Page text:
Configuring Multilink Point-to-Point Protocol (Hardware-based)

Configuring MLFR for T1/E1

Invert Data on the T1/E1 Interface

Changing a Channel Group Configuration

Configuring Multipoint Bridging

Configuring Bridging Control Protocol Support

Configuring BCP on MLPPP

LFI Guidelines

HW MLPPP LFI Guidelines

FRF.12 LFI Guidelines

"Network Clocking for the Cisco 7600/SIP-200" section

Configuring QoS Features on Serial SPAs

Configuring Framing

Framing is used to synchronize data transmission on the line. Framing allows the hardware to determine when each packet starts and ends. To configure framing, use the following commands.

Command
Purpose

Router# configure terminal

Enters global configuration mode.

Router(config)# controller {t1 | e1} slot/subslot/port

Selects the controller to configure.

t1—Specifies the T1 controller.

e1—Specifies the E1 controller.

slot/subslot/port—Specifies the location of the controller. See the "Specifying the Interface Address on a SPA" section.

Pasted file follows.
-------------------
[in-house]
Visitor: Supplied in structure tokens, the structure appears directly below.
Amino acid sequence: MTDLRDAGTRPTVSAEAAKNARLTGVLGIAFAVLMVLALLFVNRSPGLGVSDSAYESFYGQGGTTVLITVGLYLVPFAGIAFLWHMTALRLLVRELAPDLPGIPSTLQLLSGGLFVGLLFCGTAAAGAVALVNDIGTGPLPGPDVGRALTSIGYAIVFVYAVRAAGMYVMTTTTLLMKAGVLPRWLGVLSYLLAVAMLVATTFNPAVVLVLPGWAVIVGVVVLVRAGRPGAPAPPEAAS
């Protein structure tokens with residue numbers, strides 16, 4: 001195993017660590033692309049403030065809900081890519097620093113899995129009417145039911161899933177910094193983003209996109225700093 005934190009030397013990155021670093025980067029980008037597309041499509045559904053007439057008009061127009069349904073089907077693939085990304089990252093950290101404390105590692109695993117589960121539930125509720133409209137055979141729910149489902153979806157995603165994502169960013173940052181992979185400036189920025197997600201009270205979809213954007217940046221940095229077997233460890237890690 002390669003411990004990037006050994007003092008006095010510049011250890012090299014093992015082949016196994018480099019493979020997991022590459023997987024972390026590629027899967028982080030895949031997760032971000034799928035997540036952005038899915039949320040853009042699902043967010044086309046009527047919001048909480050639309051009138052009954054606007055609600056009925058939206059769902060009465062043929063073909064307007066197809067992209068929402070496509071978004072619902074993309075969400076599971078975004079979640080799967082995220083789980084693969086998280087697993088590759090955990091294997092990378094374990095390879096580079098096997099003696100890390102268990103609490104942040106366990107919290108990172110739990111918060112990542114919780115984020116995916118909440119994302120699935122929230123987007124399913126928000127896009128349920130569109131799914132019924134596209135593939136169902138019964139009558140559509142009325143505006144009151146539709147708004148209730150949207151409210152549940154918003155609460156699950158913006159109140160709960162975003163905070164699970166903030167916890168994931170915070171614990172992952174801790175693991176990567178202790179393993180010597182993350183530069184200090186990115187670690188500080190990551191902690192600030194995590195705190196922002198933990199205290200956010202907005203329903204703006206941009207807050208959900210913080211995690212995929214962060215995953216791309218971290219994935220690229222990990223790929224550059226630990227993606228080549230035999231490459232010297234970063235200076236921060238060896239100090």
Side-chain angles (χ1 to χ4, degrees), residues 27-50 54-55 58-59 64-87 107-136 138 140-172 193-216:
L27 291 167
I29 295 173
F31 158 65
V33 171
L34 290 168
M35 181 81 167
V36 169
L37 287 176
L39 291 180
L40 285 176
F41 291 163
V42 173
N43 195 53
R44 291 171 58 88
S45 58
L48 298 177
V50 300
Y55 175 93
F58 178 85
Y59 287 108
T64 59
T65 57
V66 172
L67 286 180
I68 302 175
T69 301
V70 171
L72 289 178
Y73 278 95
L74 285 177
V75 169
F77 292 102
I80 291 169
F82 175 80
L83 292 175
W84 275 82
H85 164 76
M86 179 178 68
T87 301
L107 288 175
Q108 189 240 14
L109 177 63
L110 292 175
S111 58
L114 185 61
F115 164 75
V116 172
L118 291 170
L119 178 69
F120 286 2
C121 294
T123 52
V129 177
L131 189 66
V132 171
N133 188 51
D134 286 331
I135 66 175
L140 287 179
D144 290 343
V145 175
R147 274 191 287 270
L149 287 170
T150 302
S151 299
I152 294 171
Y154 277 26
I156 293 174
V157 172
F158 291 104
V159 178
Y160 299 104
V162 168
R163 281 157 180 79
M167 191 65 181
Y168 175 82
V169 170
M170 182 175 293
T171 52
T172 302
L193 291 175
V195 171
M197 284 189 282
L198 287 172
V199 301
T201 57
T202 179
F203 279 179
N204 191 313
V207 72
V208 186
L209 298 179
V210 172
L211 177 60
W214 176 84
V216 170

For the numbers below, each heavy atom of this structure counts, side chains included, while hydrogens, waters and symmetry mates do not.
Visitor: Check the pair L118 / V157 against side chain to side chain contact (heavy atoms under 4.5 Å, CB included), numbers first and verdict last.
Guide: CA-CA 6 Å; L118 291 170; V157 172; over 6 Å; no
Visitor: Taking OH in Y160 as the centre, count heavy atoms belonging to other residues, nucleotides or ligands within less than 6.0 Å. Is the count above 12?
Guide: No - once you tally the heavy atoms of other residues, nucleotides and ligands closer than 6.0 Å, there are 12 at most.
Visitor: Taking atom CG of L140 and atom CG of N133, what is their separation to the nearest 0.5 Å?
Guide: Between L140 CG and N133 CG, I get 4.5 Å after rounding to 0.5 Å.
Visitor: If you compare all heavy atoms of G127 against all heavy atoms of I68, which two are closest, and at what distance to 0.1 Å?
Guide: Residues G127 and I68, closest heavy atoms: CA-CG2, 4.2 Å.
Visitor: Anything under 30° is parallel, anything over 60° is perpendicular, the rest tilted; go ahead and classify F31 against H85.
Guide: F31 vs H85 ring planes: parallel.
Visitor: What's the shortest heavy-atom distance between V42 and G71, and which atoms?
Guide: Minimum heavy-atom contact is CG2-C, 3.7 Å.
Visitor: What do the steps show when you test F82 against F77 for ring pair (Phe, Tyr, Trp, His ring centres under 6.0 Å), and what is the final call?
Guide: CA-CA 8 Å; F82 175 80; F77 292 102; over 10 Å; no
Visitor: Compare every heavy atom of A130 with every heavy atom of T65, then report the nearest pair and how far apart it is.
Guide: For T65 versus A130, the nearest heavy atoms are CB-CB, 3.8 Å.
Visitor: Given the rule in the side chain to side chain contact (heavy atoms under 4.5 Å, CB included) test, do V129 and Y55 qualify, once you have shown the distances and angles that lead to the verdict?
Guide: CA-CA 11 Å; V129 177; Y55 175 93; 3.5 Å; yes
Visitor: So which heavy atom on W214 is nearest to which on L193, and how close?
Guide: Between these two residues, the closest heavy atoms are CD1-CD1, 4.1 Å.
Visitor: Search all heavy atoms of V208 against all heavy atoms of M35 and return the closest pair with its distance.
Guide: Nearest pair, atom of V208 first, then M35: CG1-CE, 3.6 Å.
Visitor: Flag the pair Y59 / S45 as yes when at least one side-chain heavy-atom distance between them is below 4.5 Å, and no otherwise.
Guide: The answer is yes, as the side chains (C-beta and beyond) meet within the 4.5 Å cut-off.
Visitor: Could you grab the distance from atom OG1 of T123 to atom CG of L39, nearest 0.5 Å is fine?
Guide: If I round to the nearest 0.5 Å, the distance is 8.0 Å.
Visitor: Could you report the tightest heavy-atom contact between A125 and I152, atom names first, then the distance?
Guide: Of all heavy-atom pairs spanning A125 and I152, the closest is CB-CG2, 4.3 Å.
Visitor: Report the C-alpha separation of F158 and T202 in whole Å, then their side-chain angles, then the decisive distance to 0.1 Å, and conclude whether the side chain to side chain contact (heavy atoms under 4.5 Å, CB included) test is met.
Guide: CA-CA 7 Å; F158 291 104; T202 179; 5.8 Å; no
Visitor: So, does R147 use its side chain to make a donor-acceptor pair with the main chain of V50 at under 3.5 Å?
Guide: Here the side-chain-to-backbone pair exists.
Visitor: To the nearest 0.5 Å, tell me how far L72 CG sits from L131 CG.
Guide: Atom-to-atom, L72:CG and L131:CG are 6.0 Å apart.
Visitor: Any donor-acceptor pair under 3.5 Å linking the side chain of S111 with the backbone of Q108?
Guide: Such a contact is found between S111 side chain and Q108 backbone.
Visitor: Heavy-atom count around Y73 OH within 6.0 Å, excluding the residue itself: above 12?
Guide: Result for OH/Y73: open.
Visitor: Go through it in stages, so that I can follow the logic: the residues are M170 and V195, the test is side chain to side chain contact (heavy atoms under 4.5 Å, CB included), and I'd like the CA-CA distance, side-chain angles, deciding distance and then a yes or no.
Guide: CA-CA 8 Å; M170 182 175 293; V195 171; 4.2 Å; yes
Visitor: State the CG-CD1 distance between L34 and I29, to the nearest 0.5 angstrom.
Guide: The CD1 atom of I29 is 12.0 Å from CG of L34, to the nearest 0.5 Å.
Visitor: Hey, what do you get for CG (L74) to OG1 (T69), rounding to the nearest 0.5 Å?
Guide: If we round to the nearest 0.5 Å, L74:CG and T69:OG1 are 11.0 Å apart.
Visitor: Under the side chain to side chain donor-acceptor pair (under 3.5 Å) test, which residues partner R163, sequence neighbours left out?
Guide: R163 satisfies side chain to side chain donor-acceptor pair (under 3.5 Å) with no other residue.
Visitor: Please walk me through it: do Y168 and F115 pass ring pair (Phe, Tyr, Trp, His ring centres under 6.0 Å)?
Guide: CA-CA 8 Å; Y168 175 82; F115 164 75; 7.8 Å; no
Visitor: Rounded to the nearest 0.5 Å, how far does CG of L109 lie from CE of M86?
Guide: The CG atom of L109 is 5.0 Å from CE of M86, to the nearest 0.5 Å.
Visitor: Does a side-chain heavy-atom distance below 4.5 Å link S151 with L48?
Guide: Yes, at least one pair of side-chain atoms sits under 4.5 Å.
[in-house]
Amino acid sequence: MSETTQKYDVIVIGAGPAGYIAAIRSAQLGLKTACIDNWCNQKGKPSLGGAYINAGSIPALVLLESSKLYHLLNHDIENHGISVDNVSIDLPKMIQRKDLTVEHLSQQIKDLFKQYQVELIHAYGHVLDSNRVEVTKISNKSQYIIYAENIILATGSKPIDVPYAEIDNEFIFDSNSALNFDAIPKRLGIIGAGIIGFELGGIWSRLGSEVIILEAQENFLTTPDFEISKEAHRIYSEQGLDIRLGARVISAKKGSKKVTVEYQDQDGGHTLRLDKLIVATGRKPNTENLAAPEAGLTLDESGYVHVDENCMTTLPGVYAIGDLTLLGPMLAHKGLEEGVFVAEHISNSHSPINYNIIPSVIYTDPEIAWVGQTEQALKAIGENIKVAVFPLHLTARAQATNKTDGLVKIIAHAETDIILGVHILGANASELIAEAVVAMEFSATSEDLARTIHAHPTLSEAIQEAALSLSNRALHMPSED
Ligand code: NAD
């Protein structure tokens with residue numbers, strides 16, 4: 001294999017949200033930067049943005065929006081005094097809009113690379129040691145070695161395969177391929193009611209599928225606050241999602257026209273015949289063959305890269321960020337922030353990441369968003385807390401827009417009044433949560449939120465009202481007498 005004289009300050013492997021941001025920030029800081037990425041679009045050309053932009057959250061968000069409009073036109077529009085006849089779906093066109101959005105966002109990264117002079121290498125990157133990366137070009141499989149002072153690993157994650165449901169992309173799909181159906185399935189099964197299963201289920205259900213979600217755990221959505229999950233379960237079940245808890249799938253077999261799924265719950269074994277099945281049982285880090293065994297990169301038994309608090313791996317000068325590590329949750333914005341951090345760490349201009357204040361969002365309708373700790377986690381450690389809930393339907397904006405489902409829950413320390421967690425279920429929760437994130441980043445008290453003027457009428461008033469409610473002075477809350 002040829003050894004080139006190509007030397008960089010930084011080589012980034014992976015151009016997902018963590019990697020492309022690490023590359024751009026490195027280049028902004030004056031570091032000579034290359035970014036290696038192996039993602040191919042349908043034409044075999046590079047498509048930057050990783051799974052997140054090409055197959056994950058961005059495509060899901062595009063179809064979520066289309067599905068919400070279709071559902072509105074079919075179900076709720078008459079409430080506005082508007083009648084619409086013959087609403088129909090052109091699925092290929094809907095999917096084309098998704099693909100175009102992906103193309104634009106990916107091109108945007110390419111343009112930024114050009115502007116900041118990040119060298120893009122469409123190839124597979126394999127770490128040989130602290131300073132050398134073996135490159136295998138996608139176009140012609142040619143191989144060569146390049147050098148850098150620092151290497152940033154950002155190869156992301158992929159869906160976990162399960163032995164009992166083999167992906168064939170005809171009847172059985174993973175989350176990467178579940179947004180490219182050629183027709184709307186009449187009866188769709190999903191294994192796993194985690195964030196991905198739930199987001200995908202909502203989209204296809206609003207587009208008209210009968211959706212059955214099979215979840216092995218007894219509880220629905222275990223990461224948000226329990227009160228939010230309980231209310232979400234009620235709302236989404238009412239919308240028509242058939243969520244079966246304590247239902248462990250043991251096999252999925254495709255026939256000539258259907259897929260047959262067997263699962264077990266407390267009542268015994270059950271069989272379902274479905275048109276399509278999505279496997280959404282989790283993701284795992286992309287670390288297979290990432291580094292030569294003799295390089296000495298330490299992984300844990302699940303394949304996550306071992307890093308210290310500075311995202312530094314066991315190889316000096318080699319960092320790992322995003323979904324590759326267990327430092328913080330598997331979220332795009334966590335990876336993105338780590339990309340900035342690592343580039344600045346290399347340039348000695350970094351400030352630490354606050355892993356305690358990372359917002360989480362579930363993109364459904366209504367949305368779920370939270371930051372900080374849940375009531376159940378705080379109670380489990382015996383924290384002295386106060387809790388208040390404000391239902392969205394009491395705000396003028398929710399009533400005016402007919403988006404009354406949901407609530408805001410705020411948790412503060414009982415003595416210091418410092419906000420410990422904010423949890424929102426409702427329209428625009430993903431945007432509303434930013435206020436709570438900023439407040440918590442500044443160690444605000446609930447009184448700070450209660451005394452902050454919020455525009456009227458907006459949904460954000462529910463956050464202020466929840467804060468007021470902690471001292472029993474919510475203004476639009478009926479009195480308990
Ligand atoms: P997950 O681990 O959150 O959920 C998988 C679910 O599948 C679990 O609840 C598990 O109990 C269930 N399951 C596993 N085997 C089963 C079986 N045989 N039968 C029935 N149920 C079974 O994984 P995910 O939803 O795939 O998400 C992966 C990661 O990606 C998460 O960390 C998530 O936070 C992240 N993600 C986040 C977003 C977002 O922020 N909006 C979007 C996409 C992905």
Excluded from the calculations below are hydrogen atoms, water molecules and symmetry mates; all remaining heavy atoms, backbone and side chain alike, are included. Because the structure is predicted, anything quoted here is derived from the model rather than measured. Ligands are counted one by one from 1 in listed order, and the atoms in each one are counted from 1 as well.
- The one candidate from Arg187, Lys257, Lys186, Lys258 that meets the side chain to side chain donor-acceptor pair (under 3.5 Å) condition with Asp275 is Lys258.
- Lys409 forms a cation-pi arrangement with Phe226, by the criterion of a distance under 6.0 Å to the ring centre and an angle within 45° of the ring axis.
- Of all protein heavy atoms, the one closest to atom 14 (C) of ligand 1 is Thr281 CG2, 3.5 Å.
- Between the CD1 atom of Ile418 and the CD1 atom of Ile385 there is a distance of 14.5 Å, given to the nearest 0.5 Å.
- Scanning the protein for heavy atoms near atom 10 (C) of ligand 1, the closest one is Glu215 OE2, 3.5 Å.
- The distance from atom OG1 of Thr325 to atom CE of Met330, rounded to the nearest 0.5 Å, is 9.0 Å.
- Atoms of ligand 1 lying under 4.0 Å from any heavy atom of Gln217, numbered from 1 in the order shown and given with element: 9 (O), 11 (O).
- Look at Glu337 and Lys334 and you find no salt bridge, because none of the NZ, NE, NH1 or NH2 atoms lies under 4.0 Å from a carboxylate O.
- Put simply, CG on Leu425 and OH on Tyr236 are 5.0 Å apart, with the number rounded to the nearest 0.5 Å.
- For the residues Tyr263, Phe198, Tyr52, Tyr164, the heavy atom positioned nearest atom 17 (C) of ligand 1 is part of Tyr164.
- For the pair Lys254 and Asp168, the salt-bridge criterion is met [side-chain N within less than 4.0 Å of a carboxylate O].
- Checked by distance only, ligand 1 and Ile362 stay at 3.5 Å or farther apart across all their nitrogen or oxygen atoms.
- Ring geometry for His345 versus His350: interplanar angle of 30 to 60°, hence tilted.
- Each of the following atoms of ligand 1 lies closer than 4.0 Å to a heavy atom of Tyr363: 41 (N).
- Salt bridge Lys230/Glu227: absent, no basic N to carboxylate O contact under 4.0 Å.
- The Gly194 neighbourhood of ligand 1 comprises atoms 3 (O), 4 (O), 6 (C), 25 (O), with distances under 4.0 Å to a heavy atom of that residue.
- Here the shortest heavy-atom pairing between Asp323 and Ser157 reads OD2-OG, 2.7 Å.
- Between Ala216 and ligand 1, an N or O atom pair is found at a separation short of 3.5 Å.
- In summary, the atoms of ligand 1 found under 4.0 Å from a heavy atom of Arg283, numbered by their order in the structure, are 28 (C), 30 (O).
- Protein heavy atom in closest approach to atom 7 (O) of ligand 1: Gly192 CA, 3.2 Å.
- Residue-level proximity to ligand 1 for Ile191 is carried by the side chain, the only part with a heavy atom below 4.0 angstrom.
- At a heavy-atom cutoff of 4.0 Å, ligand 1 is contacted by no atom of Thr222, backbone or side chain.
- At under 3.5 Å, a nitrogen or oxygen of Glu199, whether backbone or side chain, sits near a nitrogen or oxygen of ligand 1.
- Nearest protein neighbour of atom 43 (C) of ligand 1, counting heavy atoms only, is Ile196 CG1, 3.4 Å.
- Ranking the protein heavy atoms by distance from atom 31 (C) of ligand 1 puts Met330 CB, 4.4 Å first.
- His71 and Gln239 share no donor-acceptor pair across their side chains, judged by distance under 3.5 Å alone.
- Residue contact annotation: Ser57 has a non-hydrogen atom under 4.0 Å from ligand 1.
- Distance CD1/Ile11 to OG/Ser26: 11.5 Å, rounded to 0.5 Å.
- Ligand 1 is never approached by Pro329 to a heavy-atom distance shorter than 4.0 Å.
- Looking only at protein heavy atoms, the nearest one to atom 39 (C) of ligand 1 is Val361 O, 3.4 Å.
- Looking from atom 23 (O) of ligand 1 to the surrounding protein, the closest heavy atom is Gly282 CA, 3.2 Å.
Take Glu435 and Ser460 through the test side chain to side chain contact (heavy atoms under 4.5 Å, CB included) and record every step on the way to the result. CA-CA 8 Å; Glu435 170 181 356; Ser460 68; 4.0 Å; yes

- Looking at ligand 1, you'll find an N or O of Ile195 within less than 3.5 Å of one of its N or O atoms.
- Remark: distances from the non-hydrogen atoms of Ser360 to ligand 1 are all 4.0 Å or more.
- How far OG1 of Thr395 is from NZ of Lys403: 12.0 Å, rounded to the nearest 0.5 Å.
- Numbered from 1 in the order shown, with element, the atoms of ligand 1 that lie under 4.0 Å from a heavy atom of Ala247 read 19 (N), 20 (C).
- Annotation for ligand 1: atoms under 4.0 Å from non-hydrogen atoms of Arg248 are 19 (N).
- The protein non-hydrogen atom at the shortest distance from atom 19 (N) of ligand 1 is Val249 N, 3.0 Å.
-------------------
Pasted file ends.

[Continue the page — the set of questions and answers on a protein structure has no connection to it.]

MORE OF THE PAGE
For T1 controllers

Router(config-controller)# framing {sf | esf}

For E1 controllers

Router(config-controller)# framing {crc4 | no-crc4}

Set the framing on the interface.

sf—Specifies Super Frame as the T1 frame type.

esf—Specifies extended Super Frame as the T1 frame type. This is the default. for T1.

crc4—Specifies CRC4 frame as the E1 frame type. This is the default for E1.

no-crc4—Specifies no CRC4 frame as the E1 frame type.


Verifying Framing Configuration

Use the show controllers command to verify the framing configuration:

Router# show controllers t1
T1 6/0/0 is down.
  Applique type is Channelized T1
  Cablelength is long gain36 0db
  Receiver has loss of frame.
  alarm-trigger is not set
  Framing is ESF, Line Code is B8ZS, Clock Source is Line.
  Data in current interval (717 seconds elapsed):
     0 Line Code Violations, 0 Path Code Violations
     0 Slip Secs, 0 Fr Loss Secs, 0 Line Err Secs, 0 Degraded Mins
     0 Errored Secs, 0 Bursty Err Secs, 0 Severely Err Secs, 717 Unavail Secs
  Total Data (last 24 hours)
     0 Line Code Violations, 0 Path Code Violations,
     0 Slip Secs, 0 Fr Loss Secs, 0 Line Err Secs, 0 Degraded Mins,
     0 Errored Secs, 0 Bursty Err Secs, 0 Severely Err Secs, 86400 Unavail Secs